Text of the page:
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Twelve Amazing Dogs Who Saved Their Masters

By Moose, Jr.

There are many good reasons to adopt a dog from the SPCA or any Animal Rescue Shelter, but few think it is to save your life.

The following twelve families – who all adopted dogs from a shelter – some of whom were going to euthanize - now know that the life they saved was not only the dog’s but their own.

In southern California, six-year-old Leo Depp suffered from brain aneurysms. His mother Yasmine discovered that the only joy he had was when the service dogs visited the hospital where he was being treated. Yasmine went the local animal shelter and found a mutt that nobody seemed to want. In fact, Henry was on the “kill list”. Yasmine soon discovered that the grateful dog would sit on Leo’s bed constantly and soon was able to predict the boy’s seizures prior to his convulsions through – it was said- his uncanny sense of smell. He could sense a hormonal change. Henry would run barking to alert Yasime, who soon learned to trust her canine babysitter. Yasmine would then administer the medication prior to the convulsion, lessening the pain and providing comfort to Leo. Yasmine now refers to her family as the Three Musketeers.

Emily Choi’s best friend is a dog named Angel that she brought home from the Hawaiian Humane Society in 2009. Late one night, Emily was feeling sick and, when she went the bathroom, she fell and was unable to get up. Angel ran to the other side of the house, woke up Emily’s daughter and bugged her until she reluctantly got up, saw her mother unconscious on the bathroom floor and called for an ambulance. The doctors were able to save her mother’s life and stated that if she remained on the floor much longer, she would have slipped into a coma and probably died.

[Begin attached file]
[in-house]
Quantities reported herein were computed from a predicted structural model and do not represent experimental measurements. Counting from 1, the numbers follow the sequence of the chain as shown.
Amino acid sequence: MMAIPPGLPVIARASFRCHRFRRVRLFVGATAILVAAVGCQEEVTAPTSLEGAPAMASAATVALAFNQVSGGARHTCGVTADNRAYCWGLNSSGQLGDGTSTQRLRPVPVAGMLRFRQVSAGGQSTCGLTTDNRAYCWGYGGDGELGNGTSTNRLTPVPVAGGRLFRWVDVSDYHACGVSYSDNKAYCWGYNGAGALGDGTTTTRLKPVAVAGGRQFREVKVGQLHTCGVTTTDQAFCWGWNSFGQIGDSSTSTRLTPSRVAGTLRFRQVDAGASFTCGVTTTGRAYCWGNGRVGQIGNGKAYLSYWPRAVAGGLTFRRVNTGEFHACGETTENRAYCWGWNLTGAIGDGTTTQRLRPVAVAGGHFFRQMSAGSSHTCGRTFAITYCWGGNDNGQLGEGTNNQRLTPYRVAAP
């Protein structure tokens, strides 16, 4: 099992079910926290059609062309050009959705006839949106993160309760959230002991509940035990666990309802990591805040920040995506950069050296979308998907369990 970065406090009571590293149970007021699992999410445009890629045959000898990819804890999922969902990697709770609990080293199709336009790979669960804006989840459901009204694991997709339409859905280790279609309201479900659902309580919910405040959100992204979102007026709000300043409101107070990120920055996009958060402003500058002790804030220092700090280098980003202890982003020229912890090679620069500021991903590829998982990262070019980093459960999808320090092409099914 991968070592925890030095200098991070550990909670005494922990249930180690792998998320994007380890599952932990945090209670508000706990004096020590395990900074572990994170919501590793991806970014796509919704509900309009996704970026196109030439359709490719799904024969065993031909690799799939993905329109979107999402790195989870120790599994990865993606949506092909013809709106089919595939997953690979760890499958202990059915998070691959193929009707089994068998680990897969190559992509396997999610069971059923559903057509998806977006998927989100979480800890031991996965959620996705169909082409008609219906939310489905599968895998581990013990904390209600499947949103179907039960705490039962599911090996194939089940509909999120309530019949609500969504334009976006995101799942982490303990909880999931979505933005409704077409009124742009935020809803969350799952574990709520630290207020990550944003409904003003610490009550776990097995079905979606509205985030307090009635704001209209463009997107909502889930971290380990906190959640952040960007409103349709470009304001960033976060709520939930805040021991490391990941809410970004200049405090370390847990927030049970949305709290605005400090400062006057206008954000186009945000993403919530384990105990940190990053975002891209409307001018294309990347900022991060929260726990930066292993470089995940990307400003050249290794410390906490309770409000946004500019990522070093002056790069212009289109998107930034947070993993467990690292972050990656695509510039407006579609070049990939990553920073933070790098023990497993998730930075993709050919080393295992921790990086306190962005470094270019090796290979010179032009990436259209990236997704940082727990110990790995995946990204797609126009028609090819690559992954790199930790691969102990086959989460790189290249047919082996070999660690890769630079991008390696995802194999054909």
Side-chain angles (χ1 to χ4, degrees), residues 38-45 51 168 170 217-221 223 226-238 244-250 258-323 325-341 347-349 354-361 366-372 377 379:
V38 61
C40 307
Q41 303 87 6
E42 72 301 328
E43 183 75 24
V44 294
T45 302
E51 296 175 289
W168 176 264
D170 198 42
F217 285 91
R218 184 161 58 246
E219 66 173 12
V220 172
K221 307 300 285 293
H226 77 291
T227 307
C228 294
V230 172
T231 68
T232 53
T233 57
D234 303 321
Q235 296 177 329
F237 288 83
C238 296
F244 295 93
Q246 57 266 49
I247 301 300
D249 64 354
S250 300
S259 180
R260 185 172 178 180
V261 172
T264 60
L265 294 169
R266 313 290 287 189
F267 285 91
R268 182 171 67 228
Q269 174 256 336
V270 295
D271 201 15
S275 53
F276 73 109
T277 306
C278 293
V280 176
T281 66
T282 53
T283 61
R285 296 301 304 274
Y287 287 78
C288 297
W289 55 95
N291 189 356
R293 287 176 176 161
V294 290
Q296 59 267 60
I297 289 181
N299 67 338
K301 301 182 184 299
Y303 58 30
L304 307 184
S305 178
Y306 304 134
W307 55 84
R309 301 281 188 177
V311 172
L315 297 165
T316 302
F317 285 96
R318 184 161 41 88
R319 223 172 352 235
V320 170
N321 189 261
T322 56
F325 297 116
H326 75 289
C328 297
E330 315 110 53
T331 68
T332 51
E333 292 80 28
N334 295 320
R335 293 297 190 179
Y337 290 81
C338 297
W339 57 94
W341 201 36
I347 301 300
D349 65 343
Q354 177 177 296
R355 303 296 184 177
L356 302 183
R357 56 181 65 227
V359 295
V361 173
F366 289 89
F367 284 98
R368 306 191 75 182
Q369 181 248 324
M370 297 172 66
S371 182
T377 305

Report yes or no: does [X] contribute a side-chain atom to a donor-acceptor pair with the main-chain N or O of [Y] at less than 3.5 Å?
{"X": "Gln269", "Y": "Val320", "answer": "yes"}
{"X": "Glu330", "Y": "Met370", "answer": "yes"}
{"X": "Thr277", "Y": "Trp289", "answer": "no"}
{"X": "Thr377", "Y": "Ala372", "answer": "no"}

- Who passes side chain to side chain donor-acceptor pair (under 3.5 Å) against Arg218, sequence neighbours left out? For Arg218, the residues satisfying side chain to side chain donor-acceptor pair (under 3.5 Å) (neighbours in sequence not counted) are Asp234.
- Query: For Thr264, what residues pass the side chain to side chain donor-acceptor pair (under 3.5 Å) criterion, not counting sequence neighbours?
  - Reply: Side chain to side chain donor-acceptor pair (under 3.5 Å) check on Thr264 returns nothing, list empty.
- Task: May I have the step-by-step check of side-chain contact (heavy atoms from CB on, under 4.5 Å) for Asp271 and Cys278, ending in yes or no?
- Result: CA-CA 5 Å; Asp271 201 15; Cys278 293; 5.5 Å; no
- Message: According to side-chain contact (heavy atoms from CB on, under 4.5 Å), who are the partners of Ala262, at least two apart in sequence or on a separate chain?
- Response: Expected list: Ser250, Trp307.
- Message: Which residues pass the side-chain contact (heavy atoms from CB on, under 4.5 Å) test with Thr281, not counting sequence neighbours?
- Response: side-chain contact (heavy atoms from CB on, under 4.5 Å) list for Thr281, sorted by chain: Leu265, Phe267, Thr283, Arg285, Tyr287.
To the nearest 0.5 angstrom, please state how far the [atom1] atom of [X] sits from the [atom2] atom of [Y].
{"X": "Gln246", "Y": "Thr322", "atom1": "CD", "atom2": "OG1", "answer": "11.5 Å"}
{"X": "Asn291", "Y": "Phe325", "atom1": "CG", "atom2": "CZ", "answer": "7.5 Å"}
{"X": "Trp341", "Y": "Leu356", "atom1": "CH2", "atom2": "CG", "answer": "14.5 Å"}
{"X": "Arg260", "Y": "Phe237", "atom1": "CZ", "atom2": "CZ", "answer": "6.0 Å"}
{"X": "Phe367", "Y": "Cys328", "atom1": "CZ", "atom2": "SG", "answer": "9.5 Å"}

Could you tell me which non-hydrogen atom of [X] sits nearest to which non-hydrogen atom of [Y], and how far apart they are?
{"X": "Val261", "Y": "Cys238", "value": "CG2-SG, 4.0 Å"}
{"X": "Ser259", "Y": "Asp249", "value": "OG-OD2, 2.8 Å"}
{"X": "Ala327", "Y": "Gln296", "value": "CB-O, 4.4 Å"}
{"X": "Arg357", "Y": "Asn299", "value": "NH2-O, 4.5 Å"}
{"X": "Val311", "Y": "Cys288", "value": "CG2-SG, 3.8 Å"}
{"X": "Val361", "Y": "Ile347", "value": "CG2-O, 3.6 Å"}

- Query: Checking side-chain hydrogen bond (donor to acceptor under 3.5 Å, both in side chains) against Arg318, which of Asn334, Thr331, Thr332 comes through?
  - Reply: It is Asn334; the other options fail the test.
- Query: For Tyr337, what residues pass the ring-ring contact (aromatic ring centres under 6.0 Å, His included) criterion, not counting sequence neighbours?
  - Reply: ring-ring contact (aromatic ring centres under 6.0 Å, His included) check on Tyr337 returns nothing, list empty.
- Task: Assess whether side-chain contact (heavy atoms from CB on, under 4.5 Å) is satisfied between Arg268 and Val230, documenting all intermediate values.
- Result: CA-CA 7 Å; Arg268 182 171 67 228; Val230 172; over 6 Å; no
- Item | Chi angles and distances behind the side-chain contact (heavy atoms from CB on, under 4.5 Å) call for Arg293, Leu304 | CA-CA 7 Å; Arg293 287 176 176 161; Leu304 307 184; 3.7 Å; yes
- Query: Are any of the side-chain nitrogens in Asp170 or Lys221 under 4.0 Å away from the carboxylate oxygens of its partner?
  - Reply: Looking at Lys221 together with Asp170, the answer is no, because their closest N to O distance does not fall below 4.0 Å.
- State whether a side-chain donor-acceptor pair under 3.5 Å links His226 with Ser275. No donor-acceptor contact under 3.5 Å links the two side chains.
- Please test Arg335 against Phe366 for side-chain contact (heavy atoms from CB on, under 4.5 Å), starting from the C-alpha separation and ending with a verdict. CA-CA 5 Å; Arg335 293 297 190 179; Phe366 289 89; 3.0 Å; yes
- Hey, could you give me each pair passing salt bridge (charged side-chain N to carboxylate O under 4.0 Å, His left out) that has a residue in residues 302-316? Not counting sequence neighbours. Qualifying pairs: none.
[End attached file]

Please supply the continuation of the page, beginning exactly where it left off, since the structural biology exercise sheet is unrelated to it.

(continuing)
Debbie Zeisler had suffered from seizures for 18 years when she adopted a German shepherd named Bear from the Milsap, Texas animal shelter in May 2011. Without any training whatsoever, Bear quickly learned to tell Debbie when to take her medications, prior to an attack, by actually leaning on her legs. Then Debbie would know it was time to take her medication. One day, however, Debbie ignored Bear’s warning, suffered a seizure, and was knocked out after falling down the stairs. Bear went door to door in her neighborhood barking for help – and was ignored - until, miraculously, he ran into an animal control officer who noticed that Bear had a seizure alert tag. The officer followed Bear home and called the ambulance which saved Debbie’s life.

In Southport, North Carolina, the Lewis family went to the local SPCA and adopted a dog named Thor. When their elderly neighbor, Barbara Simmons, while outside checking her mail at the mailbox near the road, fell and hit her head. Barbara cried out for help. No one heard her—except Thor. He came running, saw her struggling on the ground, went home and got his owner and led him to the scene. They called the EMT who admitted that Thor probably saved Barbara Simmons’ life.

In Gloustershire, England, Sara, 17, was diagnosed with epilepsy. Thinking she needed a companion, she went to the animal shelter and adopted a dog named Sheeba. A few months later, while taking Sheeba for a walk at dusk along a road, Sara had a fit and fell down. When she awoke by the side of the road, a passerby, standing above her, told her that Sheeba had dragged her to safety narrowly avoiding the path of an incoming car and thus saving her life.

In St. Petersburg, Florida in March 2012, a seventeen-year old animal shelter volunteer was taking a pooch named Maybeline for a walk when she was attacked by convicted sex offender Michael Bacon. Bacon grabbed her by the hair, pinned her on the ground and attempted to rape her. The 35 pound Maybeline immediately went after the assailant and bit him so hard that he screamed and fled. Maybeline had a new home and a friend for life.